TERRY: And when you talk about growing up, it was your own confrontation with the violent part of yourself that was most problematic for you.
TERRY: And so, you’ve had to figure out how to use that anger or rage constructively.
TIM: Yeah, I mean that’s something I struggle with: the common liberal mindset that says, “Oh, we don’t want those negative emotions like anger and outrage and fear.” To me that doesn’t make sense—that those are negative emotions.
TERRY: In the same way we don’t want to grieve.
TIM: Those are real emotions. Those are part of human nature. We evolved with those emotions for a reason. Because all the people who were threatened, and didn’t feel fear, or whose children were threatened, and they didn’t feel outrage—those people all died off. And now that we’re facing these very real threats to ourselves and our children, if we don’t feel and find a way to constructively use anger and outrage and fear—
TERRY: And indignation.
TIM: —we should expect to meet the same fate as all those dead-end roads of human evolution.
TERRY: But if it’s true, what Terry Root first told you—that there is no hope—then what’s the point?
TIM: Well there’s no hope in avoiding collapse. If you look at the worst-case consequences of climate change, those pretty much mean the collapse of our industrial civilization. But that doesn’t mean the end of everything. It means that we’re going to be living through the most rapid and intense period of change that humanity has ever faced. And that’s certainly not hopeless. It means we’re going to have to build another world in the ashes of this one. And it could very easily be a better world. I have a lot of hope in my generation’s ability to build a better world in the ashes of this one. And I have very little doubt that we’ll have to. The nice thing about that is that this culture hasn’t led to happiness anyway, it hasn’t satisfied our human needs. So there’s a lot of room for improvement.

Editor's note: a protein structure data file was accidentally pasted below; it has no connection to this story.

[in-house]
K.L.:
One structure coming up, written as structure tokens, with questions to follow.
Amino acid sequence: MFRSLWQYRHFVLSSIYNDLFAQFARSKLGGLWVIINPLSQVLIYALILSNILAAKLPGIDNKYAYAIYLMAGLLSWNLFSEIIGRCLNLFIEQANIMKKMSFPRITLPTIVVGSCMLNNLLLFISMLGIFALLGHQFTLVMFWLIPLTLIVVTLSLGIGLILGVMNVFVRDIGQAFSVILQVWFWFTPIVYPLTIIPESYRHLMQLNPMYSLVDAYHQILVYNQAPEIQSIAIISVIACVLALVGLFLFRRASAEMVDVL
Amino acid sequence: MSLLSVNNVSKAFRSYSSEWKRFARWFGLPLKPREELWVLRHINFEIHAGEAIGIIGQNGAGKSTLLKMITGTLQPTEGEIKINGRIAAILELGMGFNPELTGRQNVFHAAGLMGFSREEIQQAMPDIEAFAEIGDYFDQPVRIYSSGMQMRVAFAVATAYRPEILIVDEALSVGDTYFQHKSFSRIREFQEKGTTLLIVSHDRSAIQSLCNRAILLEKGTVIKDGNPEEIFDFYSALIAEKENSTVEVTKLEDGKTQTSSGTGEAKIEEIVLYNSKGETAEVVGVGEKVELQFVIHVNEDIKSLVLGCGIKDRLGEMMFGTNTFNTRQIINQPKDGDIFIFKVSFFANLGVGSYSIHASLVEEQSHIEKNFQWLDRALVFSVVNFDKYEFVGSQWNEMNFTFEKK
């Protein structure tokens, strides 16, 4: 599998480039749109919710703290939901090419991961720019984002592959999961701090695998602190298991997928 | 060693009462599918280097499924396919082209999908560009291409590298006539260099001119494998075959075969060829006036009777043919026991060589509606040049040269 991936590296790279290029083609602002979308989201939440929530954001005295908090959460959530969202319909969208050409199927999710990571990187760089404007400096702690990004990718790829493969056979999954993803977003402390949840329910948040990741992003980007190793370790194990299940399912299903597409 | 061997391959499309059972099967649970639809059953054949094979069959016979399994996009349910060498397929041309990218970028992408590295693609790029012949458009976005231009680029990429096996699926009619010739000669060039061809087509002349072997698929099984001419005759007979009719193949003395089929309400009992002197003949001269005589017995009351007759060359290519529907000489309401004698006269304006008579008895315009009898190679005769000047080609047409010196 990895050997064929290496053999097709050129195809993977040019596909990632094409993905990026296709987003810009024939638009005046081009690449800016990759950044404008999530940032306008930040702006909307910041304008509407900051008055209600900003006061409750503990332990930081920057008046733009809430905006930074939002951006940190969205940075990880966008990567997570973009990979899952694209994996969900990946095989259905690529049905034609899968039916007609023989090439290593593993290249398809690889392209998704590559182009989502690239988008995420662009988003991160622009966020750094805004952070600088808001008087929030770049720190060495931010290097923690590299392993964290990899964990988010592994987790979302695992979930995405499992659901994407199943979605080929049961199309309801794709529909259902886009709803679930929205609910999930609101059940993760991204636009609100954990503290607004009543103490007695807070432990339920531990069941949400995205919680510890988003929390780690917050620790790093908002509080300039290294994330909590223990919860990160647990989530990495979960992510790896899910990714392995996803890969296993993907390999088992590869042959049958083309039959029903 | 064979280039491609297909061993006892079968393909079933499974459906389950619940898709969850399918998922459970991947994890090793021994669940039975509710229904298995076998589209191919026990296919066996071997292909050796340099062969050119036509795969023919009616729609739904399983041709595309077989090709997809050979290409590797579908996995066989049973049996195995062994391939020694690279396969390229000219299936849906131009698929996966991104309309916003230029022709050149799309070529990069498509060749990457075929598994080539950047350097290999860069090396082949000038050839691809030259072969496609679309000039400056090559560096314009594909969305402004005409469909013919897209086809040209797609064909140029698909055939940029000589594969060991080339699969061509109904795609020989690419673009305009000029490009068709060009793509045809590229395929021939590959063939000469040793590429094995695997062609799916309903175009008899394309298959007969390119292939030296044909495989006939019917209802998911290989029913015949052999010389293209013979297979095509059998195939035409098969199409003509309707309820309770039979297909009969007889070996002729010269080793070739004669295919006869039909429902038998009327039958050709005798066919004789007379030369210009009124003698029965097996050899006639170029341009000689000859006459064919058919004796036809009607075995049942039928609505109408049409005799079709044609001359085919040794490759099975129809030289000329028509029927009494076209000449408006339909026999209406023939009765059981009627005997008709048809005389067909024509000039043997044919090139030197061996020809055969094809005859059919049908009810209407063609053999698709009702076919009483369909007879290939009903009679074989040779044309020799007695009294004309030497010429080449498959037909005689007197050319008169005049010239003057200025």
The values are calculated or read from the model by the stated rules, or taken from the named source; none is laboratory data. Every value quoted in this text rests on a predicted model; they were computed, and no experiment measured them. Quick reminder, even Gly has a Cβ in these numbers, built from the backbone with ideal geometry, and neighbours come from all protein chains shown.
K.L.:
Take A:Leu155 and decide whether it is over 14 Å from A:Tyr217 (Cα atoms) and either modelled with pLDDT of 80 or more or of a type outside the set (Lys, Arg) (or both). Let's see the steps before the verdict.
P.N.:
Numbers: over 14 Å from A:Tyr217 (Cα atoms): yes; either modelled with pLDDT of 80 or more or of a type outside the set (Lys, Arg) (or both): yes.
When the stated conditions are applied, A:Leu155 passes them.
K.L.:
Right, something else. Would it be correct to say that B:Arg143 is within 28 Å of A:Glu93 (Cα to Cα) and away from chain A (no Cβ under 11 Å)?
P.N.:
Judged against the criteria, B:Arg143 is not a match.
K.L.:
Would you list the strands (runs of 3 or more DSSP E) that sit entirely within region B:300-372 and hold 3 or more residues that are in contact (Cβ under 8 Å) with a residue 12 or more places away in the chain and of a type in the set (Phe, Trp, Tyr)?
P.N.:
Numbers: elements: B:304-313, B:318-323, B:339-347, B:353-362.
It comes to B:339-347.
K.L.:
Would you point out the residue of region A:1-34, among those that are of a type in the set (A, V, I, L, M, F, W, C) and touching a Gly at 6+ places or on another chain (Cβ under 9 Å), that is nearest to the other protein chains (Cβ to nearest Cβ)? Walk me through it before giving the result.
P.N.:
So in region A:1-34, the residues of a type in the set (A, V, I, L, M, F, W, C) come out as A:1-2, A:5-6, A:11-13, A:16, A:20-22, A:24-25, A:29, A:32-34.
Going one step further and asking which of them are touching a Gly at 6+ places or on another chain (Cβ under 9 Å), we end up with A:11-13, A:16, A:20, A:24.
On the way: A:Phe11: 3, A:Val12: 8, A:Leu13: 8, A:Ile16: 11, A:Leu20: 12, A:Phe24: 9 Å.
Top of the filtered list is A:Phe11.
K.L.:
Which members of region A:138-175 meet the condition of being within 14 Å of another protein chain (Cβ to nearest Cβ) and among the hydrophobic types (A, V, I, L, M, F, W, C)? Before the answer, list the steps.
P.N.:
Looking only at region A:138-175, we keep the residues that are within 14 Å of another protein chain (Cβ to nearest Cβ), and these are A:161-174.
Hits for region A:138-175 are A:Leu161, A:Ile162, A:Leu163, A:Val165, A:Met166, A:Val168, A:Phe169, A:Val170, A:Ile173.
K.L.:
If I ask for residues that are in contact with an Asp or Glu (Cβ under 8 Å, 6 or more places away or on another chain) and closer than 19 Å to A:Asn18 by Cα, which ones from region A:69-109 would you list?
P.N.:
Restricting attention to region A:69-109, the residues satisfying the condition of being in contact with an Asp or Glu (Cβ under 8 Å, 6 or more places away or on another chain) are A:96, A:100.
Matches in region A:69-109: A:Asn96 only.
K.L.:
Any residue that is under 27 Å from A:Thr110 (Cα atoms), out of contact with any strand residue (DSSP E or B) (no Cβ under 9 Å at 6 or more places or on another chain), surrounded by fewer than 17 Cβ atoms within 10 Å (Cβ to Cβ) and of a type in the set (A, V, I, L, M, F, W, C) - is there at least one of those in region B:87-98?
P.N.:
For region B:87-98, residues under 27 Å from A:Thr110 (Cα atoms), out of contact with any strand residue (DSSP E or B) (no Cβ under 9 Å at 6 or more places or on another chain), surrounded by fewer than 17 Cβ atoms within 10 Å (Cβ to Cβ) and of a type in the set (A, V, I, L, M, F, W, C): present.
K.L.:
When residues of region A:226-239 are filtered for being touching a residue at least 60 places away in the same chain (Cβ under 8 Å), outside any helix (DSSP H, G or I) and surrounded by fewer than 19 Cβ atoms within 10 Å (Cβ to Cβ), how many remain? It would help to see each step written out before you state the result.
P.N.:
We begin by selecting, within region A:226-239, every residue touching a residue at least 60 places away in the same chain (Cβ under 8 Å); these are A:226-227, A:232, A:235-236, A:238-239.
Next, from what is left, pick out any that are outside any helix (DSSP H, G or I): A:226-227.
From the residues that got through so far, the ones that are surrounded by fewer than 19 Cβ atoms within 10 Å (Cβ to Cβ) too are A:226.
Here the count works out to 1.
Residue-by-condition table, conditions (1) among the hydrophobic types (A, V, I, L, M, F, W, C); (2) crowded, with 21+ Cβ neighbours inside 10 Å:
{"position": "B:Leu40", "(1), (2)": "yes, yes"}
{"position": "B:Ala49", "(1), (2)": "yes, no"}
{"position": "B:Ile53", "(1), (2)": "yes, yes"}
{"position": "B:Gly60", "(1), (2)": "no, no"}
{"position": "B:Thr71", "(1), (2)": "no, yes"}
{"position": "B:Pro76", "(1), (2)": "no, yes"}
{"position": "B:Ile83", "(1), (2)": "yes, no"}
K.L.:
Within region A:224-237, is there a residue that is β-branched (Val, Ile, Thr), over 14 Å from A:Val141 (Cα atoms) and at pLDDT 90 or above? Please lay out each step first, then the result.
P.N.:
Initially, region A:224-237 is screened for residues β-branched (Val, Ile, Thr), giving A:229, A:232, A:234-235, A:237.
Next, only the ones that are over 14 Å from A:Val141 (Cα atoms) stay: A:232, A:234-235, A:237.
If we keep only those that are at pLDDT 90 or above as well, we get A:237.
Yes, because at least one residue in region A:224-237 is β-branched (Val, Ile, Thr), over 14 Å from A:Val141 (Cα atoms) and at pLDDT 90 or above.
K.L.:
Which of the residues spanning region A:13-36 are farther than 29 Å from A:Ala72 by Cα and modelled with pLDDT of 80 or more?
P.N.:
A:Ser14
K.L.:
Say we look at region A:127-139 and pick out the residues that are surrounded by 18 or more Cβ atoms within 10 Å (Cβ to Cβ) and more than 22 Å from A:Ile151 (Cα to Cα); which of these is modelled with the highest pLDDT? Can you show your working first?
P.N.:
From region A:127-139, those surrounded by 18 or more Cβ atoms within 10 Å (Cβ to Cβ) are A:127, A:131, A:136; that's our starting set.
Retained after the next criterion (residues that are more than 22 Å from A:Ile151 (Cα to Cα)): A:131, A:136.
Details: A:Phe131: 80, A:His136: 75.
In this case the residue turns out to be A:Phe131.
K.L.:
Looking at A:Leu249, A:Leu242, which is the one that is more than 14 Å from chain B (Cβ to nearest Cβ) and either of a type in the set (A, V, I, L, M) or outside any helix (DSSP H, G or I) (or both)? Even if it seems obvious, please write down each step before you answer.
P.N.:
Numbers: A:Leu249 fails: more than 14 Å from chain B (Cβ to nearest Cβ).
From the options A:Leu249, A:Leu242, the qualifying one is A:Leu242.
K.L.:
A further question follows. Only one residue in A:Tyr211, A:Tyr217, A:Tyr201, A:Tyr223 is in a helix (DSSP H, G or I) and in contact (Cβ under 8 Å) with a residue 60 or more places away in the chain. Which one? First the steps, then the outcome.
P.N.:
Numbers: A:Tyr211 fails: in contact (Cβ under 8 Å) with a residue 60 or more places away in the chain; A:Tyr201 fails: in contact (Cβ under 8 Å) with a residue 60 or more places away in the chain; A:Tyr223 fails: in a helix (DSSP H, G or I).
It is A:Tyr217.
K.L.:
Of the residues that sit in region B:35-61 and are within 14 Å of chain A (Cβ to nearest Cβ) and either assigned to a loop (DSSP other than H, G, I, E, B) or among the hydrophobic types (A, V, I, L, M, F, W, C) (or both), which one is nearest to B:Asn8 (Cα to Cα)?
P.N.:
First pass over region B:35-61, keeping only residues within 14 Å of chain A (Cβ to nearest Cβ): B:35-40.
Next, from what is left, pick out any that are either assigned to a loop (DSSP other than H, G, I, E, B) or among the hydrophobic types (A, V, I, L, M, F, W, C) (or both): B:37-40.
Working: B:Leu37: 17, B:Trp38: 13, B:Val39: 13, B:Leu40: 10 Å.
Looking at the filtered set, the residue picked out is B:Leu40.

TERRY: How has this experience—these past two years—changed you?
TIM: [Sighing.] It’s made me worry less.
TIM: It’s somewhat comforting knowing that things are going to fall apart, because it does give us that opportunity to drastically change things.
TERRY: I’ve watched you, you know, from afar. And when we were at the Glen Canyon Institute’s David Brower celebration in 2010, I looked at you, and I was so happy because it was like there was a lightness about you. Before, I felt like you were carrying the weight of the world on your shoulders—and you have broad shoulders—but there was something in your eyes, there was a light in your eyes I had not seen before. And I remember saying, “Something’s different.” And you were saying that rather than being the one who was inspiring, you were being inspired. And rather than being the one who was carrying this cause, it was carrying you. Can you talk about that? Because I think that’s instructive for all of us.
TIM: I think letting go of that burden had a lot to do with embracing how good this whole thing has felt. It’s been so liberating and empowering.
TERRY: To you, personally?
TIM: Yeah. I went into this thinking, It’s worth sacrificing my freedom for this.
TERRY: And you did it alone. It’s not like you had a movement behind you, or the support group that you have now.
TIM: Right. But I feel like I did the opposite. I thought I was sacrificing my freedom, but instead I was grabbing onto my freedom and refusing to let go of it for the first time, you know? Finally accepting that I wasn’t this helpless victim of society, and couldn’t do anything to shape my own future, you know, that I didn’t have that freedom to steer the course of my life. Finally I said, “I have the freedom to change this situation. I’m that powerful.” And that’s been a wonderful feeling that I’ve held onto since then.
TERRY: Are you surprised by this?
TIM: Yeah. And I think that’s where some of that lightness has come from. And also seeing that it’s having an impact. That it’s firing some other people up, that it’s embarrassing the government. I mean, one of the great things about the trial was seeing how vulnerable the U.S. attorney felt. He was freaking out all the time. And he was terrified. I mean, the government was terrified just that people showed up for the trial. They were terrified by the fact that all these other people are worrying about how to keep me out of prison—
TERRY: I’m one of them.